By Jared Davidson
Kaitlin Milroy and Alex Millaire, the married couple behind the Ottawa folk duo Moonfruits, recently recorded what will be their second album, a follow up to Début, which was released in 2014.
Moonfruits have a sound that is at once unique and approachable. Their melodies are drawn from folk music and wouldn’t be out of place in the backroom of a small country inn. Simple songwriting in both English and French draws the listener into the music, and by extension into the people making it. With only a guitar and two voices between them and the listener, Millaire and Milroy are more accessible, and it is their interplay that is ultimately the most interesting thing about Moonfruits. Their chemistry is what makes the music so compelling.
They were able to record their sophomore release in part thanks to a community fundraising project that collected over $5,000 towards the project. If the album is anything like their first, it will filled with intimate, beautiful harmonies and honest lyrics.
We caught up with the pair just back from recording the first tracks off the new album to find out how it’s coming together. This interview has been edited and condensed for length and clarity.
Has being a married couple as well as musical group worked well for you?
Alex Millaire (AM): Yup! So far, so good! We both love performing and sharing in the administration of the band, and feel blessed that we get along well enough to do it. It is, above all, a constant work of communicating better.
Kaitlin Milroy (KM): What resonates between us, be it musical, political, emotional or otherwise, is what we hope the listener will feel.
You two just finished recording your new album. Can you give us a sense of what to expect from the sound?
AM: For this second album, we wanted to let the songs guide us in their arrangements. Some are just the two of us, others get some strings or piano, and still others have a full band behind them.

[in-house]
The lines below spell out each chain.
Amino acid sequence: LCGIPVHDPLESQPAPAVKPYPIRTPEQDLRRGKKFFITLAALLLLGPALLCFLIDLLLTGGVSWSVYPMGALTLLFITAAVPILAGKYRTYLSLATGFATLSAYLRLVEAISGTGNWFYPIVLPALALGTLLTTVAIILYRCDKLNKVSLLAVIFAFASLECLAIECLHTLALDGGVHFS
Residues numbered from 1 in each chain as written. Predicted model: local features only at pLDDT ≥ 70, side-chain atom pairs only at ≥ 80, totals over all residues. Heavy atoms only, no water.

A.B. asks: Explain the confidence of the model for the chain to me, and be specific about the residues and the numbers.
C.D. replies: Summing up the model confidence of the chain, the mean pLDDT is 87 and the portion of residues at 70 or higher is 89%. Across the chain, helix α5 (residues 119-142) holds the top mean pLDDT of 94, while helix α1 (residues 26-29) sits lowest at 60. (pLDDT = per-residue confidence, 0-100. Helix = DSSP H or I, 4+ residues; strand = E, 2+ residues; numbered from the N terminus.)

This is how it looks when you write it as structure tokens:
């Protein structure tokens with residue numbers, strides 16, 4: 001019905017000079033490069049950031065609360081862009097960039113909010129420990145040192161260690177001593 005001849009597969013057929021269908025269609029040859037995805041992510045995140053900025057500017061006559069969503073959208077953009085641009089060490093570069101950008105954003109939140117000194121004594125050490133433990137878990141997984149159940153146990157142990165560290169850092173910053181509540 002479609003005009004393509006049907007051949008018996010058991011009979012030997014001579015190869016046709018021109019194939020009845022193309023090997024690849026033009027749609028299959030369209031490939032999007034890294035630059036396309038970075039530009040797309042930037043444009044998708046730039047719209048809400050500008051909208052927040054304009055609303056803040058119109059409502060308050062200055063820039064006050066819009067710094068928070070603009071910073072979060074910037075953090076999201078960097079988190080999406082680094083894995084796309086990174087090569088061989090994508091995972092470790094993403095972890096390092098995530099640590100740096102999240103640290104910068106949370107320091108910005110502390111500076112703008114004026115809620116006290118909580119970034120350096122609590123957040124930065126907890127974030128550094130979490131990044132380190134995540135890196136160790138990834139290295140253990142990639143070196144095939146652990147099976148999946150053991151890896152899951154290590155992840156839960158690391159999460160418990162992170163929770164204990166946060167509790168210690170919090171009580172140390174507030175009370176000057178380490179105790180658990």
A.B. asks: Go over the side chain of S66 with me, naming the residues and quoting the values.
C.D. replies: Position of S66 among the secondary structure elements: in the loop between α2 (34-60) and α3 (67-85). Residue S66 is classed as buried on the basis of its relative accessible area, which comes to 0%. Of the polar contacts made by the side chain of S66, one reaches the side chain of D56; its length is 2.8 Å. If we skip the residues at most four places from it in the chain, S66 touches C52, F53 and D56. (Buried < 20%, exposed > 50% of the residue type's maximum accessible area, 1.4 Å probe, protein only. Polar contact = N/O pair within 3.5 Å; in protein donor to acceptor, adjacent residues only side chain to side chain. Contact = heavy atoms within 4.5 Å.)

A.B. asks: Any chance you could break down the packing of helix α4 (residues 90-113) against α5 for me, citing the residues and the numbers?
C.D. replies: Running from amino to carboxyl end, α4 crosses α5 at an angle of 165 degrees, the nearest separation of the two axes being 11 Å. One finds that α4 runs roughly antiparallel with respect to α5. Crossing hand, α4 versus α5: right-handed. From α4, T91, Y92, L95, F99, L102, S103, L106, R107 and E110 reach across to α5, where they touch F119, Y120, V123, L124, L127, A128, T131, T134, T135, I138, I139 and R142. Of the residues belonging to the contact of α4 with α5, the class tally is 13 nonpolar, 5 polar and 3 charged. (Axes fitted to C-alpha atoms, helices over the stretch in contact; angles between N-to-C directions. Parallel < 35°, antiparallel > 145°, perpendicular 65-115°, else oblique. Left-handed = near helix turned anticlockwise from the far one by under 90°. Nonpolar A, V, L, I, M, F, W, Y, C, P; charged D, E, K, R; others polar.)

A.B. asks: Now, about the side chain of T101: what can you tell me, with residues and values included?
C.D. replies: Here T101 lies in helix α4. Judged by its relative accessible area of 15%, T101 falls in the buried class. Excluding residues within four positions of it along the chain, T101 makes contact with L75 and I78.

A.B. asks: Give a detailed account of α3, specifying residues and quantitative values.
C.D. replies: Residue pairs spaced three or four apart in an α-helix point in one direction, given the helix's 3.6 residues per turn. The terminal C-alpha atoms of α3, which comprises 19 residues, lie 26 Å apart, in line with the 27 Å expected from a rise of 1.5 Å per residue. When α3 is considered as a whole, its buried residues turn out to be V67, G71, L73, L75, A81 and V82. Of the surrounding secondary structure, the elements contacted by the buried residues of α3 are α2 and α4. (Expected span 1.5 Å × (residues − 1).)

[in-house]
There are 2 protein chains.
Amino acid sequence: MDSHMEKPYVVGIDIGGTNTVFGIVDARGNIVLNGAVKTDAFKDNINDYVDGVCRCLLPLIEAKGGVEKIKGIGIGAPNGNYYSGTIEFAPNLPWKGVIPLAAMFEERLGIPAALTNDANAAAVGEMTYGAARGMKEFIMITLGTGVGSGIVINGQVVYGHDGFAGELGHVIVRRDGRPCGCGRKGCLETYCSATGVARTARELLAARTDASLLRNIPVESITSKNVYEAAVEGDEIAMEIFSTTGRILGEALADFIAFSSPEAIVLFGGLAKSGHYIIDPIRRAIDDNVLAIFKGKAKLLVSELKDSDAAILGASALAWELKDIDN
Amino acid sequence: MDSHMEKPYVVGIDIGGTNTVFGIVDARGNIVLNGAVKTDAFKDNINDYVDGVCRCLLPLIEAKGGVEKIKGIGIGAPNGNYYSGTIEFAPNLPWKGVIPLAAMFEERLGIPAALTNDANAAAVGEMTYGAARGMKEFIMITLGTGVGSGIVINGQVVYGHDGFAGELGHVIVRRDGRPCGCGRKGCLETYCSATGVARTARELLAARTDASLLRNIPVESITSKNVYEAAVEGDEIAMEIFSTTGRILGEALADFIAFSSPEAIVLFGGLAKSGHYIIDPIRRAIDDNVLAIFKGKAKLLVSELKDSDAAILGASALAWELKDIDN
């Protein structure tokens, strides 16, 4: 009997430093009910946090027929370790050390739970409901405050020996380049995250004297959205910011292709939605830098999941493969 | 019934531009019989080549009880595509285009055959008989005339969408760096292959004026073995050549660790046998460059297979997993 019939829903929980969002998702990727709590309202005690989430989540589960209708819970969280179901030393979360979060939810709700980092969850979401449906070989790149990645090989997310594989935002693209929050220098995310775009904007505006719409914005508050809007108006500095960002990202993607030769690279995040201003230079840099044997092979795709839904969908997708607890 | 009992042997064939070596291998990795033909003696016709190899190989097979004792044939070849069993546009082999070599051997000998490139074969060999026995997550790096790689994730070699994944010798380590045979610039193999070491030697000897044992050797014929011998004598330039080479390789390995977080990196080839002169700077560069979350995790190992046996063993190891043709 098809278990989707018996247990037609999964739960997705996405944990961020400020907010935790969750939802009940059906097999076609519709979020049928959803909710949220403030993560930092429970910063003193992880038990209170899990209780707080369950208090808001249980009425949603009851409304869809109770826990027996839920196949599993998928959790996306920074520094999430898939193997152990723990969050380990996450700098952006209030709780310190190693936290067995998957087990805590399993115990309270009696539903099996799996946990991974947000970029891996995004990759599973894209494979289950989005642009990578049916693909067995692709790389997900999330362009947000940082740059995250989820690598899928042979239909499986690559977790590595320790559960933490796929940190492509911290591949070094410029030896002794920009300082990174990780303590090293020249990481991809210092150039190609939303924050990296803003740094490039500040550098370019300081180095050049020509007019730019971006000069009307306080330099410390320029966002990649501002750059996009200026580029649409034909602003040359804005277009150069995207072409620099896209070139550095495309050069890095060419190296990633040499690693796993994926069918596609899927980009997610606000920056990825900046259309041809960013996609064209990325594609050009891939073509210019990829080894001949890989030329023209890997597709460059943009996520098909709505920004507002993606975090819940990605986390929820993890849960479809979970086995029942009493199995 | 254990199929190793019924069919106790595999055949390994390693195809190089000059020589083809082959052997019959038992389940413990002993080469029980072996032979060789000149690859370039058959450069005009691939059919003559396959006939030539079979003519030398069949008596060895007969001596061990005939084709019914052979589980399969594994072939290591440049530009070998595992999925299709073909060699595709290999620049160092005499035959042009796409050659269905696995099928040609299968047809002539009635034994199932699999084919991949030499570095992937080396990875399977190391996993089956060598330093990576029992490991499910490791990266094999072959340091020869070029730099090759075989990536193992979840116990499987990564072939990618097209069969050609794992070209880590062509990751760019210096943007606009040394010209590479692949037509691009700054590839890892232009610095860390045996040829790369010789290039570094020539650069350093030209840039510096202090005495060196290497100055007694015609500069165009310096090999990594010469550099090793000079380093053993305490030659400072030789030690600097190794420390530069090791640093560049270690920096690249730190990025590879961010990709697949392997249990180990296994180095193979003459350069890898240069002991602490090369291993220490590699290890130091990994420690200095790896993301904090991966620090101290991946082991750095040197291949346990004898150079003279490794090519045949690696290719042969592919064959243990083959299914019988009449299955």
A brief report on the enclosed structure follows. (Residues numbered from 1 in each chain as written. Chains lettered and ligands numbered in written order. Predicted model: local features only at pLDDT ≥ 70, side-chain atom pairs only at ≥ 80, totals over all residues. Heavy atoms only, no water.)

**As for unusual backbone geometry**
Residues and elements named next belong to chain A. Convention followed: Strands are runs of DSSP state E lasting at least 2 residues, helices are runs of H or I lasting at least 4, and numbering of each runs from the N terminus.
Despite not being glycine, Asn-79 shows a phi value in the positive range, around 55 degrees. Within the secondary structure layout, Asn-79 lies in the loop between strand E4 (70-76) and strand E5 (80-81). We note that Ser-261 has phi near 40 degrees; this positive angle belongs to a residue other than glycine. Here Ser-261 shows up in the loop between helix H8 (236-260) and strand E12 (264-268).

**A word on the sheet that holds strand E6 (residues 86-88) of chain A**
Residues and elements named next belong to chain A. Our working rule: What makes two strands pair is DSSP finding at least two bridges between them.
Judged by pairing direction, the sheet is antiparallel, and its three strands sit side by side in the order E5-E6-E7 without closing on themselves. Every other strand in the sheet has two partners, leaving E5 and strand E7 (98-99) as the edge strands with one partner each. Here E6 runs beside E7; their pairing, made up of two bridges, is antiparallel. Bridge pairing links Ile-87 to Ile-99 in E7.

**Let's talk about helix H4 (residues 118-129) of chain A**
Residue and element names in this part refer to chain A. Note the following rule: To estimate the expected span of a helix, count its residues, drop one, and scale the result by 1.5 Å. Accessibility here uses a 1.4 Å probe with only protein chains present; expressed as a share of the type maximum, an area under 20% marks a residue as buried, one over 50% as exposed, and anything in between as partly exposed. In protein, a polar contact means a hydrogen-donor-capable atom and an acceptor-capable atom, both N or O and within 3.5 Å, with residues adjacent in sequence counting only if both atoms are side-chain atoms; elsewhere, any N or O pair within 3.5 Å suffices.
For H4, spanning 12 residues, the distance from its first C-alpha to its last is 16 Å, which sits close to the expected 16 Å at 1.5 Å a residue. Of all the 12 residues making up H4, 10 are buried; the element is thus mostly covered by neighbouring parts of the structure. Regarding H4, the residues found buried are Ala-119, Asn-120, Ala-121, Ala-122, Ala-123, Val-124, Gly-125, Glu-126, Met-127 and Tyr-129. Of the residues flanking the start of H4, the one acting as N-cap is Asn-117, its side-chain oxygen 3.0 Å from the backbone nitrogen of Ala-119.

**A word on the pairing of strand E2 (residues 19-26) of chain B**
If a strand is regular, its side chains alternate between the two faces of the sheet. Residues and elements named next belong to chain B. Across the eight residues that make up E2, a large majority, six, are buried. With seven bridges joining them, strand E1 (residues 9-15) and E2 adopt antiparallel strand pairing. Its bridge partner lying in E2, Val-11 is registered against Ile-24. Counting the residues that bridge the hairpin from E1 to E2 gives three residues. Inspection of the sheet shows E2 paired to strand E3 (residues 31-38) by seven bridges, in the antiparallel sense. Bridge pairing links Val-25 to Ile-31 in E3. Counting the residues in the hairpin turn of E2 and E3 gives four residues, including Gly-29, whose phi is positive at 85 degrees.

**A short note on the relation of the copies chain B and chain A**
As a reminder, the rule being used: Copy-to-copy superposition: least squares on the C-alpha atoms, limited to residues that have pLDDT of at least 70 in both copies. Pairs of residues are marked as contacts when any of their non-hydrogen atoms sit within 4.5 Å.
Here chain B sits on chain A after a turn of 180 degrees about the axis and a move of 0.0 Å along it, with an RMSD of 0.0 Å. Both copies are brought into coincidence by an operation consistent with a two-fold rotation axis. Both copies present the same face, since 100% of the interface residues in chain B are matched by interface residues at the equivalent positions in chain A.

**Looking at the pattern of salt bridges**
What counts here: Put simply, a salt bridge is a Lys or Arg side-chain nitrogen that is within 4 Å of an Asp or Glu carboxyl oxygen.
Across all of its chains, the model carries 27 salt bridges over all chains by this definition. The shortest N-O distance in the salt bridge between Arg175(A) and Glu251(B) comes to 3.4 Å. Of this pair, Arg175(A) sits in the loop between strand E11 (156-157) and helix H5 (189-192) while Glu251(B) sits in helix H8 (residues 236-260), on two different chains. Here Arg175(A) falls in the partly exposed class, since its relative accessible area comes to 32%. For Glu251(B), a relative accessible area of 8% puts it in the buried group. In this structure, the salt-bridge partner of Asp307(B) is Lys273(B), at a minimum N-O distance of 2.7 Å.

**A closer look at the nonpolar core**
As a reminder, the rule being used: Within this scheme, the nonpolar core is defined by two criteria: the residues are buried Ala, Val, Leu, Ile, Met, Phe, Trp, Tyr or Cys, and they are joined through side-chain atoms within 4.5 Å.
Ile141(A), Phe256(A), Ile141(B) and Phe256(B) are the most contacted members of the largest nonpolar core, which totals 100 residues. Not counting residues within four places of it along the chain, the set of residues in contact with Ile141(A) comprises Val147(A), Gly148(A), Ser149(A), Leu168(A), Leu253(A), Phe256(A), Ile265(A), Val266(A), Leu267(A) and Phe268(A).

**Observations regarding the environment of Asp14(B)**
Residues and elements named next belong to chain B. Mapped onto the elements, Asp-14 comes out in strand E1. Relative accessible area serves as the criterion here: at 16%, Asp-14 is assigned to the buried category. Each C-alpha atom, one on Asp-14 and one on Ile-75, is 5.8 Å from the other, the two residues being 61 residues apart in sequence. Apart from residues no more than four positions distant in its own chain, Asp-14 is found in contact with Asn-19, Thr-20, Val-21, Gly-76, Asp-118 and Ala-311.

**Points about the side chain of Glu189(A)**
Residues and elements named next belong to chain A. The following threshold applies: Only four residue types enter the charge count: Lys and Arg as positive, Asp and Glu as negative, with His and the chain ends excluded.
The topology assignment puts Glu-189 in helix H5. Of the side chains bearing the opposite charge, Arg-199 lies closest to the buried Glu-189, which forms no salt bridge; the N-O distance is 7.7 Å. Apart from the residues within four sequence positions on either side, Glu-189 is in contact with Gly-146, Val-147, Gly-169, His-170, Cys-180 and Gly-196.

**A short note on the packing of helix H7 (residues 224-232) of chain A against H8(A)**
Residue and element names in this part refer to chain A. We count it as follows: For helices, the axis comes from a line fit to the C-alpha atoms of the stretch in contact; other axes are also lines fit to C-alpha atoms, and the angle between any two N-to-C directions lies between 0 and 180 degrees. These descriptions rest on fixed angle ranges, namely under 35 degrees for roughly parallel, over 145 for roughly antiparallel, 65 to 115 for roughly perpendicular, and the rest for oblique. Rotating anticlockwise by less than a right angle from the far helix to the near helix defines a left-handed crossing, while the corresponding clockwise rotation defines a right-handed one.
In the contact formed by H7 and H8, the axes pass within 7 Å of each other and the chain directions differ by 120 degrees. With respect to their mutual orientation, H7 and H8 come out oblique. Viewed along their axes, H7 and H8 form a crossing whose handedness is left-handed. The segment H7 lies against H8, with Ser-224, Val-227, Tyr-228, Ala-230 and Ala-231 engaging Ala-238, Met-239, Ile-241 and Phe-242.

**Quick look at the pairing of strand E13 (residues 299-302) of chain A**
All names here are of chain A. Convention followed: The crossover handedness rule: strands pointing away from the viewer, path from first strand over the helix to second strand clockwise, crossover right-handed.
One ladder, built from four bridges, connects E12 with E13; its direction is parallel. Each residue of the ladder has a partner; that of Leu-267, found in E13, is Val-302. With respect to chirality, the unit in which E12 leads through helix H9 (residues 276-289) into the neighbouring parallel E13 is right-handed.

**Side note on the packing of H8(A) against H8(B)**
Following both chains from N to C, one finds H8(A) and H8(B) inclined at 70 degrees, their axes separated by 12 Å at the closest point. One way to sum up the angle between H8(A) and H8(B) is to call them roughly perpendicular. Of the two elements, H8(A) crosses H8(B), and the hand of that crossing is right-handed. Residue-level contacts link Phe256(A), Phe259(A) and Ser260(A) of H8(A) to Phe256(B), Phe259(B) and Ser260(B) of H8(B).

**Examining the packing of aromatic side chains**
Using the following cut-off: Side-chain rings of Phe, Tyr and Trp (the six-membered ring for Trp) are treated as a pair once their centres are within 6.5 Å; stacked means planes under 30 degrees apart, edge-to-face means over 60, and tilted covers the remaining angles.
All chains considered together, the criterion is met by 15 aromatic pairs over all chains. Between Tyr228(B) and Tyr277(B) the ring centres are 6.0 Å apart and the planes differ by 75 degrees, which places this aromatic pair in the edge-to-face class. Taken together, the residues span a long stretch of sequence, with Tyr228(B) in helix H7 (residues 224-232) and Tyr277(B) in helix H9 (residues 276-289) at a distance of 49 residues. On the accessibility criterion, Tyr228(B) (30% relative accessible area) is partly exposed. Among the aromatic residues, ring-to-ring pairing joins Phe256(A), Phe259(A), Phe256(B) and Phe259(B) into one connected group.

KM: It’s image-heavy, intimate, and familiar. I think the result is a sound that’s almost cinematographic.
Your music has always been intimate, especially in the way you tell stories. Will this album continue that tradition?
KM: Yes! There’s so much to tell, but we want to save some of the juiciest bits for the release. If anything, though, storytelling became a more integral part of music making for us as we wrote the album.
AM: With this record, we wanted to transport people so that they feel like they’ve had a good gab around the kitchen table by the time they get to the end of it.
What was it like to receive so much community support and funding for the recording of the album?
AM: It was both incredibly heartwarming and at times surprising. We were touched by people’s generosity—truly, we couldn’t be making the album we are without their help.
KM: What surprised us most was how often folks used the crowdfunding platform to share not only messages of encouragement, but also their experience of discovering the band, their first concert, how they came to relate to our music and what it means to them. We were blown away.
You recorded the album at La Piaule, a barn turned studio. What was that experience like and how did it inform the sound of the album?
KM: La Piaule, founded now 10 years ago by the Levac brothers of [St-Bernardin band] Pandaléon, was integral to the sound of the album. Don Charette, our producer, helped us craft and hold on to a vision for the album where the listener was invited to sit, dance, sing and hum along to the songs in the very room we performed in.
AM: La Piaule, the actual building, also features greatly in the recording. One of the most hilarious moments was lining up a bunch of cutlery and the Jamieson bottles we had finished the night before onto the wooden staircase and recording all the creaks and groans the wood made while we stomped out the back beat. •